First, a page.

27 July 2016

down in Mexico: Annie Kelly and Tim Street-Porter

A new book, CASA MEXICO At Home in Merida and the Yucatan is captivating. Beautiful light plays with world class photographer Tim Street-Porter's camera inspiring some of the most engaging and evocative interior design photographs I've seen in some time. The interiors discovered and profiled in the book by Street-Porter and writer Annie Kelly are at once elegant, modern and ancient.

Houses in the region's capital Merida and beyond have been taken up and revitalized by artists and tastemakers, providing the beautiful spaces in CASA MEXICO. Lush nature unites with neutral colors placed on period furniture, while color at times vivid, seems muted by soaring ceilings.

Here are some of my favorite rooms in the book, along with a few great Mexican women who seem to inhabit the same spirit.

The diva of international cinema Mexican-born Maria Felix as painted by Bridget Trichenor in “Domadora de Quimeras” would have been right at home in this room. Once owned by sixteenth-century priests. now called Casa de los Frailes, the sala is decorated with antiques, stacks and stacks of books, modern art, and a wonderful old map of the Yucatan.

It's just as easy to envision the glamorous Felix lounging in this sala at Casa Serrano Willson.

The Loggia at Los Almendros "The Almonds" has been decorated by Arturo Pani, and owned by famed producer- screenwriter Manuel Barbachano Ponce. Ponce directed the ultra-glamorous Delores del Rio who I can just imagine coming in from a swim, feet padding on the cool marble floors.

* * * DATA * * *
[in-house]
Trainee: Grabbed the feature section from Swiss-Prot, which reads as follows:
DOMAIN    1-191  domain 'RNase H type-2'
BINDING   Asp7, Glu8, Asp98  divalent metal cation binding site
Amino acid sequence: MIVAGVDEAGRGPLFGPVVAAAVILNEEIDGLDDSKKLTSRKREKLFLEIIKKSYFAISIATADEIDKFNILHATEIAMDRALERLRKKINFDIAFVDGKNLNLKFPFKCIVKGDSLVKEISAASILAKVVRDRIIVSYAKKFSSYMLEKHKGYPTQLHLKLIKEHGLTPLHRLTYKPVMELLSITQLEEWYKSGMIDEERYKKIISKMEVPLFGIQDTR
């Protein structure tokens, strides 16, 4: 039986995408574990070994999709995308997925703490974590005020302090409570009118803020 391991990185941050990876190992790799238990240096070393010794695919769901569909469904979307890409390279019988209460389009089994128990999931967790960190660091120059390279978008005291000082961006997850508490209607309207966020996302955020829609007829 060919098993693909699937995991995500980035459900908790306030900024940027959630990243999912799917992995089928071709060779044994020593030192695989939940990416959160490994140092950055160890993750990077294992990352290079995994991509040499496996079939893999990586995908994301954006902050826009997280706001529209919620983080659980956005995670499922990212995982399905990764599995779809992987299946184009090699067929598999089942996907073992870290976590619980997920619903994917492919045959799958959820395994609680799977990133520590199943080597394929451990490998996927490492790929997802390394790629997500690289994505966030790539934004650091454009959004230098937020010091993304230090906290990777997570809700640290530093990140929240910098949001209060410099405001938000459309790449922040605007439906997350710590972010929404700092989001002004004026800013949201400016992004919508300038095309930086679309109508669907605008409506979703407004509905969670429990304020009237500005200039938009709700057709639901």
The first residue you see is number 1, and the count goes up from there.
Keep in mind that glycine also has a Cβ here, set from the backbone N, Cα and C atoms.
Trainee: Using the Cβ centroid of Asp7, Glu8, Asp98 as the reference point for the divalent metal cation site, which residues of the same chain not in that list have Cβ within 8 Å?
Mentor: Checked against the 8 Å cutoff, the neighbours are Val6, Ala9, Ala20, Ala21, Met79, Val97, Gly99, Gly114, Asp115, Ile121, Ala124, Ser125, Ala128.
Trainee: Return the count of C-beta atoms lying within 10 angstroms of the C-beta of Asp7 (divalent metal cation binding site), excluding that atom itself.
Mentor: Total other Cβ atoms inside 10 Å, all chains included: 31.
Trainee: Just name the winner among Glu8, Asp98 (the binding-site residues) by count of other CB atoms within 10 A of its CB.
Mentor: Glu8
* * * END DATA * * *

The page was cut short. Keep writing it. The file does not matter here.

For a sensualist, there is Coqui Coqui. I can't imagine the Mexican artist Frida Kahlo staying anywhere else but this one bedroom hotel in Merida.

The most striking structure in the book is the studio of Mexican artist and sculptor Javier Marin, designed by his architect brother Arcadio Marin. Its serenity is evident from Street-Porter's roof top camera view. Called Plante Matilde, whether it is the structure or its surroundings or both, there is a holiness in evidence here, I can only imagine standing in its rooms.

Plante Matilde seems a place where Mexican Baroque poet Juana Inez de la Cruz, nun, and extraordinarily, sixteenth-century feminist, could work and study.

CASA MEXICO opens fifteen homes wide, and in doing so had me going further afield to investigate the region. Isn't that in a sense what any great book does? It should take us beyond its pages, opening our eyes and minds to unknown people places things.

all photographs are by Tim Street-Porter and provided to me by Rizzoli (with my thanks)


  1. Beautiful Gaye. I have friends that live in San Miguel Allende and don't want to live anywhere else.

  2. What a serendipitous post! Yesterday morning I read with great interest a New Yorker article related to the inmense Mexican architect Luis Barragán. I then grabbed, from my shelves, a book by Street-Porter, Casa Mexicana, published in 1989, where many of Barragán's houses are pictured. And now I see this post about this new book by Street-Porter... I am wasting no time to get it. Thanks!

  3. Love Maria Feliz and Delores del Rio...though there wasn't any love lost between those two. Delores so refined and elegant...and then there's Maria, destroyer of men and lover of gems! Yet the one called La Doña, was the exact opposite of a Doña in behavior...shameless in her pursuit of power, fame, men and the occult. Maria's attachment to Surrealism speaks volumes...from Leonora Carrington, Remedio Varos, and others...to her spectacular Parisian apartment...not too mention the Cartier Baby Gators and Ashoka Diamond.
    Years ago, 20 to be exact...TSP photographed our home for our own enjoyment and to document it for posterity...he is an interesting man to say the least...and we both vied once long ago for the same home in which he lives now, the Villa Vallombrosa in Hollywood...where once upon a time, in the far mists of long forgotten glamour -Baron de Meyer, Greta Garbo, Adrian and many others of the Golden Age of Hollywood would rent.

  4. The room at Coqui Coqui leaves no stone unturned in refuge, and plenty open to chance. That's where to be.



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